Senators Dick Durbin (D-Ill.) and David Vitter (R-La.) have introduced The Puppy Uniform Protection Statute (PUPS), S. 707, companion to H.R. 835, to allow oversight of abusive puppy mills in the United States. Puppy mills are large-scale, commercial breeding operations where dogs are commonly housed in overcrowded, filthy, and inhumane conditions. S. 707/H.R. 835 will close a loophole in the Animal Welfare Act that currently allows large-scale, commercial breeders who sell puppies online or directly to the public to escape licensing and regulation.
Will you make quick phone calls to your federal lawmakers and urge them to co-sponsor S. 707/H.R. 835?
Please make a brief, polite phone call TODAY to your two U.S. senators and your U.S. representative and urge them to co-sponsor S. 707/H.R. 835, the PUPS Act. Click here to look up your federal lawmakers’ names and phone numbers. When you call, remember to leave your name and address so it’s clear you are a constituent.
After making your call, fill in and submit the form on the right to automatically send follow-up emails to your legislators, reiterating your support for this legislation. Congress receives a lot of email, so remember to personalize the subject line and email message so that your message stands out.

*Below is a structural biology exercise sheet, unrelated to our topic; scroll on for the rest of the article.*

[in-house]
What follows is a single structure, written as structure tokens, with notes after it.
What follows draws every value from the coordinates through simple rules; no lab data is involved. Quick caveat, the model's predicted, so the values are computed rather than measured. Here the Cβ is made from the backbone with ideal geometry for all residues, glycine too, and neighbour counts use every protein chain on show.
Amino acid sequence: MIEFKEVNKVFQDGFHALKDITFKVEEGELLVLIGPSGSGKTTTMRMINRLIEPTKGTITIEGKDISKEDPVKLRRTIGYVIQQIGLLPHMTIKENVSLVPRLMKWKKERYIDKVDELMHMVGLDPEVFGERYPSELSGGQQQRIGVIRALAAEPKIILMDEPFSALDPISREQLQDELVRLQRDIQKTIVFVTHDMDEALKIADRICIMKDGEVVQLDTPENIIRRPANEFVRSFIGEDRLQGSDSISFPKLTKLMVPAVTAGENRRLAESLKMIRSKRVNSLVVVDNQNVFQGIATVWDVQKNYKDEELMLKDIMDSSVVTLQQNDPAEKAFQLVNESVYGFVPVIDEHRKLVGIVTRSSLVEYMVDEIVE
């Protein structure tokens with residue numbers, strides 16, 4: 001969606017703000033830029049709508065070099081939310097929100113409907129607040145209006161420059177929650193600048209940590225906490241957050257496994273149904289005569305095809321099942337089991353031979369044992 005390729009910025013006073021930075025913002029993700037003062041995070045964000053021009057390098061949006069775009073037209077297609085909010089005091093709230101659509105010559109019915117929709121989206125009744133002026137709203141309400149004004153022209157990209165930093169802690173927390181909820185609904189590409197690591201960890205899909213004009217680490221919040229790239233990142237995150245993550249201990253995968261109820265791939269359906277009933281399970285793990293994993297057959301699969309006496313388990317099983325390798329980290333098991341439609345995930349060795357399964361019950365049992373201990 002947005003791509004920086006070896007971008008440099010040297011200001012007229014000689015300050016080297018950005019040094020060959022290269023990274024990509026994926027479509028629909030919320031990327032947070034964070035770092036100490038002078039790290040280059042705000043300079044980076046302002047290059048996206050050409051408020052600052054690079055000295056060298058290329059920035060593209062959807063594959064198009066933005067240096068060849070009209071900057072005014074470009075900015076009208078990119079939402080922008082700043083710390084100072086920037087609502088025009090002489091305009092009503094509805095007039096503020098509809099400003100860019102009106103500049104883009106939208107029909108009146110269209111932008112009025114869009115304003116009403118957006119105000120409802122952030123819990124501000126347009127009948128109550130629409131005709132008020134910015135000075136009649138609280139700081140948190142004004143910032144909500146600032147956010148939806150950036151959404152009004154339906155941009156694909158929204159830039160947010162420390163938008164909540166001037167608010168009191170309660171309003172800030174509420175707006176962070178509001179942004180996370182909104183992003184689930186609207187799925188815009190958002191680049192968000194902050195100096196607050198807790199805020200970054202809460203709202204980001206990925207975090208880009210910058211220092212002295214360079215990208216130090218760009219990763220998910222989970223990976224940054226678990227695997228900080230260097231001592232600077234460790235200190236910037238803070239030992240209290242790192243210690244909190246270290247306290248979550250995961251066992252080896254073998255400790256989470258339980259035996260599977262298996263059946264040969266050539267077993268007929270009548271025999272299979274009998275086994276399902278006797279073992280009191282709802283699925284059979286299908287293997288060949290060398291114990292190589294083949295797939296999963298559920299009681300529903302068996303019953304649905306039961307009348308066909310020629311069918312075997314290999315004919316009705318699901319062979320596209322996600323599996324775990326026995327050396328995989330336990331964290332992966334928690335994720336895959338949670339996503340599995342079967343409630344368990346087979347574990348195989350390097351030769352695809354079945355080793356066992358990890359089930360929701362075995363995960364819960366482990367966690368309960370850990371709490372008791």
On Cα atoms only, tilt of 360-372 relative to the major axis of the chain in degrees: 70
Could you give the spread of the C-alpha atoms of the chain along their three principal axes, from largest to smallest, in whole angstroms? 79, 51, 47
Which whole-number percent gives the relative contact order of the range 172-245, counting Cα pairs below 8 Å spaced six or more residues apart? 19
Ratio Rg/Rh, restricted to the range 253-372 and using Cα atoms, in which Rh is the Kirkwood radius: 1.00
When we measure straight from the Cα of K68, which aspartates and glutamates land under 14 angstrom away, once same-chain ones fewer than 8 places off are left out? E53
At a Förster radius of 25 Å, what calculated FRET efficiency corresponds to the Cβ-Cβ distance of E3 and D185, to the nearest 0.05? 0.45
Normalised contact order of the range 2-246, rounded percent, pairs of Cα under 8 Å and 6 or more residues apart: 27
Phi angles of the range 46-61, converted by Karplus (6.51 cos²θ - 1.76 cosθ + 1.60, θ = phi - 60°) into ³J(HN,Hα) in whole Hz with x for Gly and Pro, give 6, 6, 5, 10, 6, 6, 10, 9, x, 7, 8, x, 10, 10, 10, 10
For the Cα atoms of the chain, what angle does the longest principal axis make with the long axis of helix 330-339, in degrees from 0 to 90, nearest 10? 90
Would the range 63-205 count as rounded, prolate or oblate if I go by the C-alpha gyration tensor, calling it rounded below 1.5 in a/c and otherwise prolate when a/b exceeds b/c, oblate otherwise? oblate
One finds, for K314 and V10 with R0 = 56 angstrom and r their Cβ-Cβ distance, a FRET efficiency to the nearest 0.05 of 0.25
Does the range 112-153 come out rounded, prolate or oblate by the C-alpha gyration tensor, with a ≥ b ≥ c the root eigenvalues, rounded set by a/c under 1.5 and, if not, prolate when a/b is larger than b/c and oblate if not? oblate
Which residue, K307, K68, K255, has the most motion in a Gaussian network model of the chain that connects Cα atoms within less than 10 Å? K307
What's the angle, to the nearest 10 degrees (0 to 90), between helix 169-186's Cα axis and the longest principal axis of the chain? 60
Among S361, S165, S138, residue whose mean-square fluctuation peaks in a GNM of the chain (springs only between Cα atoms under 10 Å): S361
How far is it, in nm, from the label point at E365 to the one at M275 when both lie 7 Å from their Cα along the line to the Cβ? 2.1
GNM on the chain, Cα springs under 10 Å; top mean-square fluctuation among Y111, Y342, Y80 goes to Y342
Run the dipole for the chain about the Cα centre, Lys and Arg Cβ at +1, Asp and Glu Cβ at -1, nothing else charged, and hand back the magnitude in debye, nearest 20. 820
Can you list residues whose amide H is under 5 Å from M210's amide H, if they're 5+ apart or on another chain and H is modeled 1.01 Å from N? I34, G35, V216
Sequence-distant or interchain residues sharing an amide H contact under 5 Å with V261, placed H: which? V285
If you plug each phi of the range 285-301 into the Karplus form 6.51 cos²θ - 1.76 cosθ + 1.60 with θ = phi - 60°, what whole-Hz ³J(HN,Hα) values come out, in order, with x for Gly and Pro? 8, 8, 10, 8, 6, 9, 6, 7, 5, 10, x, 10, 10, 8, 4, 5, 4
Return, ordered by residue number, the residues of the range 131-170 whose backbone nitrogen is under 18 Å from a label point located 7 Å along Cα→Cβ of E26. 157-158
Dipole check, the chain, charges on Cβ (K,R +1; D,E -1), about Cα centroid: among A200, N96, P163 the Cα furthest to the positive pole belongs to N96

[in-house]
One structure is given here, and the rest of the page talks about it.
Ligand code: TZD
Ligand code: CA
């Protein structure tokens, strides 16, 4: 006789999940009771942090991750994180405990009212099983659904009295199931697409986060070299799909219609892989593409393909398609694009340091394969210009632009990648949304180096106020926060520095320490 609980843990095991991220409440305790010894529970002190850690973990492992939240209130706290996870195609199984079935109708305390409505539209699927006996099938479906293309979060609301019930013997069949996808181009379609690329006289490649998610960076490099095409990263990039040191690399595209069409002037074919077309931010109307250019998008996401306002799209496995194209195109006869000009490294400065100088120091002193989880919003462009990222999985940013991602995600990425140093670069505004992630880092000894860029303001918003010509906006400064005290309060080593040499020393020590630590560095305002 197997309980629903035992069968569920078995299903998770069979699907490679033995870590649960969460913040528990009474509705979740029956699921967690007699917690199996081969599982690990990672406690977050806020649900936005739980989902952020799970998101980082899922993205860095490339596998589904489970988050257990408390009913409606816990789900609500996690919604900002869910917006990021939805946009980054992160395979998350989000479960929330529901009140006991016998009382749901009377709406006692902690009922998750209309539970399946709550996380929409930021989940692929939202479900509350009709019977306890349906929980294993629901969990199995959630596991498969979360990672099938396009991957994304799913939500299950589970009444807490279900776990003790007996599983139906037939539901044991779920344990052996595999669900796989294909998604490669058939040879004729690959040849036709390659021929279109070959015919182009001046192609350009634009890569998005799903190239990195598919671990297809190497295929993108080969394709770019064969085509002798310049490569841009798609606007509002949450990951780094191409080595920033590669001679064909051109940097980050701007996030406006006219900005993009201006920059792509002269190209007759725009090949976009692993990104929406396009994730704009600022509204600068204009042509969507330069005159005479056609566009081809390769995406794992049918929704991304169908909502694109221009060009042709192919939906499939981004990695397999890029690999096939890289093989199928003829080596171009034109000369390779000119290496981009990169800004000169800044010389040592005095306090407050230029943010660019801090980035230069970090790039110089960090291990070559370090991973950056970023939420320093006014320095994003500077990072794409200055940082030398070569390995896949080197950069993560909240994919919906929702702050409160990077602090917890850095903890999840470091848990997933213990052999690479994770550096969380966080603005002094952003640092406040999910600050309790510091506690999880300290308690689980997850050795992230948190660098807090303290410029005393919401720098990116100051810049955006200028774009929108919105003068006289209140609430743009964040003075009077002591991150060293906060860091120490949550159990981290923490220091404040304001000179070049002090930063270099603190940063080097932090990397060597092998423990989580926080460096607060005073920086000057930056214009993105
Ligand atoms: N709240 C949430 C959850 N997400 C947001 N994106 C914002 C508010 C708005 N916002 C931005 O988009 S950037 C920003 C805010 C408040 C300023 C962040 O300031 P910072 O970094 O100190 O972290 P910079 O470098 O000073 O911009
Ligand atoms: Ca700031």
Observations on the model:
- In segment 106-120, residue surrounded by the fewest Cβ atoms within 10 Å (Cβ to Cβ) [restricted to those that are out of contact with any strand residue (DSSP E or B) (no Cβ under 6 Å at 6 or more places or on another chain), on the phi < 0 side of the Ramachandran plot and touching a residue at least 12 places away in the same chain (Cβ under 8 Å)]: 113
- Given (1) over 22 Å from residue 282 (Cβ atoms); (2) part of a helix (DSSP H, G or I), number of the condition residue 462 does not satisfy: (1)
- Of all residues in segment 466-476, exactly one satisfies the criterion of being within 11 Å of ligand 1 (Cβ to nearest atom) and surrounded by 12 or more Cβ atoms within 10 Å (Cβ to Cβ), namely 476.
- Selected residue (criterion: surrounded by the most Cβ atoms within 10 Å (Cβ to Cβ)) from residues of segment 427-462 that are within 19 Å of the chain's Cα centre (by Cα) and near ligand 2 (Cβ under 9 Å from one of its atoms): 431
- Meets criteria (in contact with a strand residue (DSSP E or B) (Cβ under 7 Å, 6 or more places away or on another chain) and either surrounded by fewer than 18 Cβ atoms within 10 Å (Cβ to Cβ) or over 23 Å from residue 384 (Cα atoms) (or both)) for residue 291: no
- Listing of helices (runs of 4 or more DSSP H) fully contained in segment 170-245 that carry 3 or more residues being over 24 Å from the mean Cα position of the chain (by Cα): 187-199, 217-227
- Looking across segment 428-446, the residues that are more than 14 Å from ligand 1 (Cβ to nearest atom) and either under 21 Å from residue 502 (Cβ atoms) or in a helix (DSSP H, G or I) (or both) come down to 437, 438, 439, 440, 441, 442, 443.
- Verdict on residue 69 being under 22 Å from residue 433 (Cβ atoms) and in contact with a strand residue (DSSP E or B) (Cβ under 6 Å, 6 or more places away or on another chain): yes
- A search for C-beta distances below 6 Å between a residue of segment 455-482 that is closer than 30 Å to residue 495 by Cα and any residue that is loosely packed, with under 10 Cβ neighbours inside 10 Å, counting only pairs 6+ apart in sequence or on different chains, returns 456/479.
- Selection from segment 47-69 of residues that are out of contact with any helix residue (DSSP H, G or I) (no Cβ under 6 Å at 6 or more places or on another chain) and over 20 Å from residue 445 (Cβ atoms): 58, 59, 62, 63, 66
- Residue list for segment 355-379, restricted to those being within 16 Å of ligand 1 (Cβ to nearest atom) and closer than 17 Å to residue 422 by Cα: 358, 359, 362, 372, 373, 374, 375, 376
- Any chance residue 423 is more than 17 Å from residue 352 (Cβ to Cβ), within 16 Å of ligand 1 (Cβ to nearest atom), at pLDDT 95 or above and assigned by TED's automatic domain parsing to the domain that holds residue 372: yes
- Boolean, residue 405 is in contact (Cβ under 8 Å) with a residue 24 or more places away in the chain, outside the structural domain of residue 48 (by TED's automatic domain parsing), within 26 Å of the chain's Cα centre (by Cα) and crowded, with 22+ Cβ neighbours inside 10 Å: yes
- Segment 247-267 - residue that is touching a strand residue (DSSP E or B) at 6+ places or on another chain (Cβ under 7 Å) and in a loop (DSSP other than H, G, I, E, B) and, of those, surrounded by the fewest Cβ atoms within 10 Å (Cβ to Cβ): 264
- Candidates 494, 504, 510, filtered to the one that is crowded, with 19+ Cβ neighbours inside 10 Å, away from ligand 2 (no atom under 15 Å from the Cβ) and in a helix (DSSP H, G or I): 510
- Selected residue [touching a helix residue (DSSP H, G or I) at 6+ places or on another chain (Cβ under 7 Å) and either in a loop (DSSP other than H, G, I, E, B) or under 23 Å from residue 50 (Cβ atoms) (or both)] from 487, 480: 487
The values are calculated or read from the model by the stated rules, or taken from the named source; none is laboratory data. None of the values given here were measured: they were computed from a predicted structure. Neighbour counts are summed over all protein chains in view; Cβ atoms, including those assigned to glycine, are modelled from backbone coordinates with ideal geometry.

Nevada: Protect Horses and Burros
The Nevada legislature is considering SJR 5, a dangerous resolution that takes a step backwards on the protection of wild horses in Nevada. This resolution would essentially make it the official policy of the state that wild horses should not be protected in Nevada, and the state would urge the U.S. Congress to oppose wild horse and burro protection legislation. Nevada is home to about half of the wild horses and burros on federal lands in the west, and their populations can be managed to reduce conflicts on the range through humane methods such as fertility control. Only about 18,000 federally protected wild horses roam Nevada’s vast public lands. The state of Nevada should be urging more protection, not less, of these historic icons of the American West.